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Title:A conversation analytic examination of alignment and disalignment in broadcast political news interviews
Author(s):Shalash, Dana
Advisor(s):Koshik, Irene
Contributor(s):Koshik, Irene
Department / Program:English as an Intl Language
Discipline:Teaching of English Sec Lang
Degree Granting Institution:University of Illinois at Urbana-Champaign
Subject(s):Conversation Analysis
political news interviews
political discourse
question design
membership categorizations
Arab-Israeli discourse
institutional talk
United Nations Media Stakeout
Abstract:The present study uses a Conversation Analytic (CA) framework to investigate how interviewers and interviewees display political alignment or disalignment with each other in news interviews. It looks at interviewers’ use and design of questions: negated questions; prefaced questions; disjunctive and prefaced questions. It, then, examines both interviewers’ and interviewees’ use of membership categorization devices as a means of displaying even stronger alignment and disalignment. Use of ethnic and religious categories such as ‘brother’ and ‘friend’ are examined as well as the use of attributes such as ‘terrorist.’ The final section of this thesis examines instances of code-switching to display alignment. Data used in this thesis are taken from video-taped interviews with ambassadors concerned with the ‘Question of Palestine’ and were collected from the United Nations web archive. Taken as a whole, this thesis could be used to compare political discourse in one culture/language with the discourses of other cultures. This type of comparison is needed for better cross cultural media relations and diplomatic negotiations, especially at international institutions such as the United Nations.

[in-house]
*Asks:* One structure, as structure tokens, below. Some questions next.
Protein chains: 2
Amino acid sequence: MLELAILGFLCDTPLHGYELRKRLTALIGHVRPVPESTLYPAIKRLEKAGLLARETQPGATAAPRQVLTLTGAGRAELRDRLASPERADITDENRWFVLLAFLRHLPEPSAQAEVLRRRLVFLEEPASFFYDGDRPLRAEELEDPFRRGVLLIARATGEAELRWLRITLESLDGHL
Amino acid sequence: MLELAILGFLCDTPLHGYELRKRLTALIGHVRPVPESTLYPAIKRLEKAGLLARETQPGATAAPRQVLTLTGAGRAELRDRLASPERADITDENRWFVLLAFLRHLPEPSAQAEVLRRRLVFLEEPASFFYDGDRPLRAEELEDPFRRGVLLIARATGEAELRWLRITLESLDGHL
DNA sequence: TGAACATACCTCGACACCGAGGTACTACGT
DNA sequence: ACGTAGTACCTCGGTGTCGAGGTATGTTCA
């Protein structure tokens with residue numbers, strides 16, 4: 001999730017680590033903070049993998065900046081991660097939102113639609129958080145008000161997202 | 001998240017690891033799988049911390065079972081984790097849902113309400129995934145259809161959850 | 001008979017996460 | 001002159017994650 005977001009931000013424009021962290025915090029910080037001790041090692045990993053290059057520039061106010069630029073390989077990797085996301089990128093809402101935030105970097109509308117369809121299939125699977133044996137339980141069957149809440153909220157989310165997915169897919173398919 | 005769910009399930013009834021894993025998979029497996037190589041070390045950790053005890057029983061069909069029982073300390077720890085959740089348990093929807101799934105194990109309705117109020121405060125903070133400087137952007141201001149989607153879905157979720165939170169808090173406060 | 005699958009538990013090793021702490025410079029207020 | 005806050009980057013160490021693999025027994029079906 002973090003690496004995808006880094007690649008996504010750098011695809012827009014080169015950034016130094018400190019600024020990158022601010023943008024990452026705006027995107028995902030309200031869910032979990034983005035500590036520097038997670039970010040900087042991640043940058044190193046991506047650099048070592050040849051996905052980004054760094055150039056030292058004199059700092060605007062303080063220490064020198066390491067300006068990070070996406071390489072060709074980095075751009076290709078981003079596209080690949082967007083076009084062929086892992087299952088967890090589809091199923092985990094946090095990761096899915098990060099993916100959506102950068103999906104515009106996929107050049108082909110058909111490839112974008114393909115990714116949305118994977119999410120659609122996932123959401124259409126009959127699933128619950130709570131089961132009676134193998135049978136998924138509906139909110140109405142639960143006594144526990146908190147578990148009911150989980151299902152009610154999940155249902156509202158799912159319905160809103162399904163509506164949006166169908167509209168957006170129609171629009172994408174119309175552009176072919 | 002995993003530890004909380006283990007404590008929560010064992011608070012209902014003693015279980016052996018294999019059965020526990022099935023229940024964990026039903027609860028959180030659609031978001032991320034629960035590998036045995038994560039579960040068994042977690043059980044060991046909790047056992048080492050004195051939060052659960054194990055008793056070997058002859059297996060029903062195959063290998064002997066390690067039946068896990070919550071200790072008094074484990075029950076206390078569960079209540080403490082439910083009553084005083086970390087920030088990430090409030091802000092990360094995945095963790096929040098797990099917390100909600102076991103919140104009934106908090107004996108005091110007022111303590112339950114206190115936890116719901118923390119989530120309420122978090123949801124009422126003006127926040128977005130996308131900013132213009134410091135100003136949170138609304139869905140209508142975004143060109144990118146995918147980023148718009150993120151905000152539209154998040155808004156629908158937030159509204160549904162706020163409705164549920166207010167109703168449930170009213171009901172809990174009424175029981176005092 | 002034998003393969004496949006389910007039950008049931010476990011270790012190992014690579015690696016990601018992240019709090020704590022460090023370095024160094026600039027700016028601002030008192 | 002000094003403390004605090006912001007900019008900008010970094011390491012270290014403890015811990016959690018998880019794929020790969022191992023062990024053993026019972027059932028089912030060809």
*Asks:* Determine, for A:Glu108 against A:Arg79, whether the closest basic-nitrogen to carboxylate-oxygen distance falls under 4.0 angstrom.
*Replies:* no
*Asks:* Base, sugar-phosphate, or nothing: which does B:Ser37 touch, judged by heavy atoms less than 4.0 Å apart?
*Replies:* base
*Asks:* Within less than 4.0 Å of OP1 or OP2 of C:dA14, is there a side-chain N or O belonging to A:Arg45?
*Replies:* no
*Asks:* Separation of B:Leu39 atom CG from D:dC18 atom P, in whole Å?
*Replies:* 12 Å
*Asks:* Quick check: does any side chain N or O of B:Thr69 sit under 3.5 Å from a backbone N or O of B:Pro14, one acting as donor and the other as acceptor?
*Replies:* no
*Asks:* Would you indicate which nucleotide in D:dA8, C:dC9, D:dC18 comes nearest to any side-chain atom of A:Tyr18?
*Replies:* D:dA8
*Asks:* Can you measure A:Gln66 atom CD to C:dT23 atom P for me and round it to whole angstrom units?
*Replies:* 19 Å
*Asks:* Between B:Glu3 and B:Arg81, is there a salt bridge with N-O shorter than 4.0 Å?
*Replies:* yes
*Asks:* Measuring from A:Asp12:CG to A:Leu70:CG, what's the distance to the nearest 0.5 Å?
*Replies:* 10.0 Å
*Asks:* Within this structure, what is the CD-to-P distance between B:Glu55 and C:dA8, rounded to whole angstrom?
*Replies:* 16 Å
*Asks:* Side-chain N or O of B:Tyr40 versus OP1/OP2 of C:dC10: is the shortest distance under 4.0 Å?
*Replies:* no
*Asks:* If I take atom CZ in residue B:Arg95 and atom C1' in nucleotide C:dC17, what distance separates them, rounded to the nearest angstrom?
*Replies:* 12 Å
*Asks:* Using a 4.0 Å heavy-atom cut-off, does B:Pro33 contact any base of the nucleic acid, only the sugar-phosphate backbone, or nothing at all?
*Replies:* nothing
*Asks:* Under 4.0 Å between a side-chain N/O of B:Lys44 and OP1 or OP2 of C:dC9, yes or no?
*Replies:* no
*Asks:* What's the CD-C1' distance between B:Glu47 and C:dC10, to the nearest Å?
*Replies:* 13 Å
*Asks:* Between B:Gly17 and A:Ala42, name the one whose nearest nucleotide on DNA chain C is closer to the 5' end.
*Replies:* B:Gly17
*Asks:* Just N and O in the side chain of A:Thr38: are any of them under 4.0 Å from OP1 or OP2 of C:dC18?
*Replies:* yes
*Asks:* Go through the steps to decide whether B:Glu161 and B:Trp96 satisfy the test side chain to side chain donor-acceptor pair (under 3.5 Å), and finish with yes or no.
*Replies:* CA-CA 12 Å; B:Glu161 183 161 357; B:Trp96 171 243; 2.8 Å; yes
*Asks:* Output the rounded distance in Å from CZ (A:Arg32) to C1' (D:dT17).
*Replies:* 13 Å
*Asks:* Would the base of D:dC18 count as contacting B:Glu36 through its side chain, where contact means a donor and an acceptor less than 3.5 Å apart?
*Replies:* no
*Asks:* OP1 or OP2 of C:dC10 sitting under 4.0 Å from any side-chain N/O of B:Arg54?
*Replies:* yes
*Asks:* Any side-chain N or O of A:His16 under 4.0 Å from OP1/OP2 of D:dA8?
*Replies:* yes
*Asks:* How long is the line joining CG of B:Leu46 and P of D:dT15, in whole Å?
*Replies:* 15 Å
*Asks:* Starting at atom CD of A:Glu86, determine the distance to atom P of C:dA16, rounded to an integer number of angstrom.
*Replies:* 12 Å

Issue Date:2010-01-06
Rights Information:Copyright 2009 Dana Shalash
Date Available in IDEALS:2010-01-06
Date Deposited:December 2

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